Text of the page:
In a primate society: the social system of gorillas was similar to people's relationships
Scientists have discovered a complex social structure in gorillas. Close relationships, kinship and social ties within this species of primates resemble social order in humans. The results indicate that the common ancestor of man and large apes had developed skills to interact with their own kind.
Scientists from the University of Cambridge (UK) found that the gorillas, like people, have a complex social structure. A previously unknown fact is reported in the journal of the London Royal Society, Proceedings of the Royal Society B.
For six years, at two research sites in the Republic of the Congo, scientists have observed the social behavior of several hundred western lowland gorillas. As a result of the work, it became clear that within this species there is a developed social structure with several levels of connections - close, related and different social relations .
- Three groups of western gorillas peacefully coexist and feed on the same meadow
"It is not so easy to study the social organization of gorillas," said Robin Morrison, anthropologist at the University of Cambridge, lead author of the study. “Gorillas spend most of their time in dense forest, and it may take years for them to become accustomed to human presence.” They come to feast on aquatic plants to swampy areas free from trees. In such areas, teams of researchers will equip observation platforms to record the life of gorillas for many years from dawn to dusk. ”
Robin Morrison and her colleagues found out that besides an ordinary family, gorillas have the closest circle of contacts - a dispersed “extended” family of about 13 gorillas: aunts and uncles, grandmothers and grandfathers, cousins. Researchers claim that this species has the next social circle - a combined group of about 39 gorillas. It can be compared with the early settlement of man or the first village, scientists say.
If the dominant males were relatives, then they were more likely to be in the same group. At the same time, more than 80% of such males, although not close relatives, but perfectly interacted with each other as representatives of one social group of leaders.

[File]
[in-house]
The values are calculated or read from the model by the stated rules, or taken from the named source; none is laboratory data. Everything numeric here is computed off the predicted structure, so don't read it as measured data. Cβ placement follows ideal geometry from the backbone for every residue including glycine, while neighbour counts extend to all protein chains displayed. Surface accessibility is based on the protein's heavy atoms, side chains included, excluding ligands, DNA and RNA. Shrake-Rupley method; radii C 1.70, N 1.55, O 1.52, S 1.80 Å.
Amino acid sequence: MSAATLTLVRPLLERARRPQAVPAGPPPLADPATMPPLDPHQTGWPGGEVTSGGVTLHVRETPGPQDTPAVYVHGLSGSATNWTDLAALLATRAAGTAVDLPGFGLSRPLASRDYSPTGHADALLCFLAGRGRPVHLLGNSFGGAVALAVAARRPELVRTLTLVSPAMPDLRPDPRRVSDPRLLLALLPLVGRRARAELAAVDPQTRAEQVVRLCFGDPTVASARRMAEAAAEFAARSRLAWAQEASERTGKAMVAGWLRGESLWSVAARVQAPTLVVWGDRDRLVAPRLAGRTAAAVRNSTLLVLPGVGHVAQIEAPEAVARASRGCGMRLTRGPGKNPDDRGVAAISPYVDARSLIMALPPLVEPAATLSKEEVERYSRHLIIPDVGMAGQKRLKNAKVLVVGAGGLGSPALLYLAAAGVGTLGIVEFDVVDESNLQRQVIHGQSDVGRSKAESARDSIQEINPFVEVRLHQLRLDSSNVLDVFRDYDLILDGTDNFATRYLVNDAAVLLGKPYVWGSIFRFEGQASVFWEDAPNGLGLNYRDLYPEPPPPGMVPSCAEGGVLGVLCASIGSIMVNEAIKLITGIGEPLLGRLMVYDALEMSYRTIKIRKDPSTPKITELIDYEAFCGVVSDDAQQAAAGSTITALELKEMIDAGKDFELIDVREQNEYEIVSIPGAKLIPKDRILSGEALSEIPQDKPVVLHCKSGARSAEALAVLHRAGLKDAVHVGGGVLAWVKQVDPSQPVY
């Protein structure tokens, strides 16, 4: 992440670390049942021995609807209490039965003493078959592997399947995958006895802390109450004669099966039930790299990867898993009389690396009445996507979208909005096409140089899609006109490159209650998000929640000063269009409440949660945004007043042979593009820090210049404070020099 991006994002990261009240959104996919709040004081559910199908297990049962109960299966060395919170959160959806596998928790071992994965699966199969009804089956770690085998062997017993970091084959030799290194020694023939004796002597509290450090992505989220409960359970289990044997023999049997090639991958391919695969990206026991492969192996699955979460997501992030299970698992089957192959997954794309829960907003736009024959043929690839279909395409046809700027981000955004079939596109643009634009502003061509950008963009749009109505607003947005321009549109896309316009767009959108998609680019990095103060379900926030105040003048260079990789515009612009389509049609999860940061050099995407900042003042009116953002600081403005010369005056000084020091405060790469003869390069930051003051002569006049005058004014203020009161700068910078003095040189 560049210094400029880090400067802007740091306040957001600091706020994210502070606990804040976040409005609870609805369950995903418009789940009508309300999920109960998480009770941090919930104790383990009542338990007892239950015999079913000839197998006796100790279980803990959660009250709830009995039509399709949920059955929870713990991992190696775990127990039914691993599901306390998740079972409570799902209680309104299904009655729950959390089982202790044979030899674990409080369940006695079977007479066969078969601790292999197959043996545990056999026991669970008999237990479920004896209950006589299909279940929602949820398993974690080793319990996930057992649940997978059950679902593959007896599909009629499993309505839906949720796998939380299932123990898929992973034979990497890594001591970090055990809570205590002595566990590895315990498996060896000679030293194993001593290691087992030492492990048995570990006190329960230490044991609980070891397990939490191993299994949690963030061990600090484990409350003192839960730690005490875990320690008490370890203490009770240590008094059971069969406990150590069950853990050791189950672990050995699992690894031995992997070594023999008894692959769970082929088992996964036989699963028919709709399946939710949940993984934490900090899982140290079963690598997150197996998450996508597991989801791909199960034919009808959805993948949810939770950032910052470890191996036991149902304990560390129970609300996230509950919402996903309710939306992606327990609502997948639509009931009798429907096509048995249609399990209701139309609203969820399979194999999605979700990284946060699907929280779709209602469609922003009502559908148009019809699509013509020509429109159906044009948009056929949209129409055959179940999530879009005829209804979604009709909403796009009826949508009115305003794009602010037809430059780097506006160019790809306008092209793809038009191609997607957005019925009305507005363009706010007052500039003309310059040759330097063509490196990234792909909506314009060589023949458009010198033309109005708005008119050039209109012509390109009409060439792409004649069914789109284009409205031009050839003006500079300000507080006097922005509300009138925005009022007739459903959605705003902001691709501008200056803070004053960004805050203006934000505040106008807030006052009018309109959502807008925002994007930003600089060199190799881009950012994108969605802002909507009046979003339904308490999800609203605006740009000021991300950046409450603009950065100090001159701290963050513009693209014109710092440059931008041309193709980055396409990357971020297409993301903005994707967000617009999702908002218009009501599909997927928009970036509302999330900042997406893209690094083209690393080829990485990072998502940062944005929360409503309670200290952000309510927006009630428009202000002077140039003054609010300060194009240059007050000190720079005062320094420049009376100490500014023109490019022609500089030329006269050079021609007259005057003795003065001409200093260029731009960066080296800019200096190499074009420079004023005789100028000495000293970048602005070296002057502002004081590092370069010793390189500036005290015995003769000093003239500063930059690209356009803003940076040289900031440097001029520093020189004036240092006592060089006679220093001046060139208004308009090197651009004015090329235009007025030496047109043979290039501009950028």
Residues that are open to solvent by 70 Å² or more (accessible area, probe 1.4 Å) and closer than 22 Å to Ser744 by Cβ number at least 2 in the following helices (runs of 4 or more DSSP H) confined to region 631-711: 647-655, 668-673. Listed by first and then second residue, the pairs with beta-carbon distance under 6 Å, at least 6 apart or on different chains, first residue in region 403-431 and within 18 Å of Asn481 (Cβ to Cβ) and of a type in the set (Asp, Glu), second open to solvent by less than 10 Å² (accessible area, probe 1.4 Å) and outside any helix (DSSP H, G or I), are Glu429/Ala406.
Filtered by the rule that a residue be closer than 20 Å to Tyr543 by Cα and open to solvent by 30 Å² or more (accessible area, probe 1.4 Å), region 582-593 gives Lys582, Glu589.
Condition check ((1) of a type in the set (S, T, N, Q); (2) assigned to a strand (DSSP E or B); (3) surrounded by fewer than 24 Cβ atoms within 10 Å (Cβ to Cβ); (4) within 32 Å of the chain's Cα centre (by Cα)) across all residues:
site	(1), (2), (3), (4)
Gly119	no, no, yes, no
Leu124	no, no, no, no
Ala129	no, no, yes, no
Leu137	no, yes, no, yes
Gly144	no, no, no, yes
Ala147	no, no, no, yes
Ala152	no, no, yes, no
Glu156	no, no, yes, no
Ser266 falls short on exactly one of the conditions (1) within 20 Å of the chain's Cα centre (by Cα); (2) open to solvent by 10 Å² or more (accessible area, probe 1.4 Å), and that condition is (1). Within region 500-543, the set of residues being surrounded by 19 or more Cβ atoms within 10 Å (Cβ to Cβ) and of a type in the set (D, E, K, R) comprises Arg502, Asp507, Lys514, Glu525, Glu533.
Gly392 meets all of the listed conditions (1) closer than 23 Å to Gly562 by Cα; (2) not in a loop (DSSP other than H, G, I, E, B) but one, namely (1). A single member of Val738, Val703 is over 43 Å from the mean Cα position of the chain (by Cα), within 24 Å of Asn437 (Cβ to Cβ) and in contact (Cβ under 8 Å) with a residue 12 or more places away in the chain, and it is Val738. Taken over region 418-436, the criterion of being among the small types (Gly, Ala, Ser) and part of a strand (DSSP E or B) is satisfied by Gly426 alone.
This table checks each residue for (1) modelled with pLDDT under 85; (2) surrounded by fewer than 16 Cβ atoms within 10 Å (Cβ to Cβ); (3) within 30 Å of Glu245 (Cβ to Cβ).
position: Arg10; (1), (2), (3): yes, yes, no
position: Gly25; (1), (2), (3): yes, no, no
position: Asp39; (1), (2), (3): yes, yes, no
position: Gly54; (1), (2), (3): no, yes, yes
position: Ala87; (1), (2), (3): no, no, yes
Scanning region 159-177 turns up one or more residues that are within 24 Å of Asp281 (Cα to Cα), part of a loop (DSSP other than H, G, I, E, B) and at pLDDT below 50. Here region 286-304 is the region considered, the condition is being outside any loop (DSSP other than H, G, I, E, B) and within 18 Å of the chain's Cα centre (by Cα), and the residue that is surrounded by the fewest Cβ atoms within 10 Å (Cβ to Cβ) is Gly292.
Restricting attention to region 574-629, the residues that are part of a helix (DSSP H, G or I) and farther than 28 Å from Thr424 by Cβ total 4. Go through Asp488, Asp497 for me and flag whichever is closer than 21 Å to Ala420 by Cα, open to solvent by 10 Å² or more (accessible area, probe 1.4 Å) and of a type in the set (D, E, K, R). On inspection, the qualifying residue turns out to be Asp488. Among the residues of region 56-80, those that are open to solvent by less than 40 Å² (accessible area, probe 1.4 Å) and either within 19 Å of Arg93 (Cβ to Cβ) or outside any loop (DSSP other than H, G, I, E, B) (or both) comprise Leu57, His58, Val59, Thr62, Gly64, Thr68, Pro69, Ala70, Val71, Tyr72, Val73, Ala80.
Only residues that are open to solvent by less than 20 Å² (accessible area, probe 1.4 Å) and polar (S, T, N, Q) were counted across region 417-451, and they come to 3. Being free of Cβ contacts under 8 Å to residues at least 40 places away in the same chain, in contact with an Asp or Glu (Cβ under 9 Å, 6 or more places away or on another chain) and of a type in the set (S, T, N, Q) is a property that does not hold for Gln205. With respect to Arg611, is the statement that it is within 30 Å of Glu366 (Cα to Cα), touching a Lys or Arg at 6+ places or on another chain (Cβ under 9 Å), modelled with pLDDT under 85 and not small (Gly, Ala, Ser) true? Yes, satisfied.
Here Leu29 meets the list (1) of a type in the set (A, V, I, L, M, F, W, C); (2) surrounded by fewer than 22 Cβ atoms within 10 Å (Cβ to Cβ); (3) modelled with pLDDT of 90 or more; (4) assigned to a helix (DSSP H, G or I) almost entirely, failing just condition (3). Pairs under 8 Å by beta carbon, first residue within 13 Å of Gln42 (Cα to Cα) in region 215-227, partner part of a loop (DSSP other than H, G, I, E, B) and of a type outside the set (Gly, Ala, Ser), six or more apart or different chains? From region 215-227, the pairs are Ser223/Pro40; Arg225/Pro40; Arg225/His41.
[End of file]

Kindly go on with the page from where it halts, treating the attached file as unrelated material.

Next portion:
- Dominant males of two different groups of western gorillas peacefully feed in a forest glade.
- © Wildlife Conservation Society
“Females spend time in their lives in several groups, which allows males who are not closely related to grow in one natal group. In some ways, they look like half-brothers, says Morrison. - Because of the connections formed, social relations may develop in adults. If we draw analogies with people, the time spent in each other’s company can be compared with old friendship. ”
The researchers also noted a special period of gorilla relationships, arising at a time when young males are separated from the family and get together in a “bachelor group”, because they are not yet ready for independent living.
- Young Gorillas Communicate After Eating
- © Wildlife Conservation Society
Scientists also argue that sometimes large communities of gorillas organize annual meetings, similar to festivals, but so far there is not enough information to confirm this. It is assumed that such collections are associated with the fruiting of their favorite fruits, when representatives of the species come together to collect them.
“Western gorillas often travel many kilometers a day in search of the fruits of a wide range of plants that are rare and unpredictable for fruit-bearing,” says Morrison. - Food is easier to find by collaborating in the search. In the early stages of life, the gorillas spend a lot of time in the family group, which contributes to their learning to search for food. Other long-term social ties also help in the cooperation and preservation of collective memory in the search for difficult-to-find food. ”
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Researchers believe that the discovery of such a complex social structure in gorillas suggests that a person has a common ancestor with them within the same hominid family.
“The ratios between each of the levels of social relations in gorillas correspond to those observed not only in early human societies, but also among baboons, toothed whales and elephants. The social organization of primates varies greatly by species, but now the gorillas can trace the underlying structure, probably existing before our species diverged from development, and it is surprisingly well suited as a model of human social evolution. Our study once again demonstrates that these endangered animals are very intelligent and developed, and that people may not be as special as someone might like, believe, ”concluded Morrison.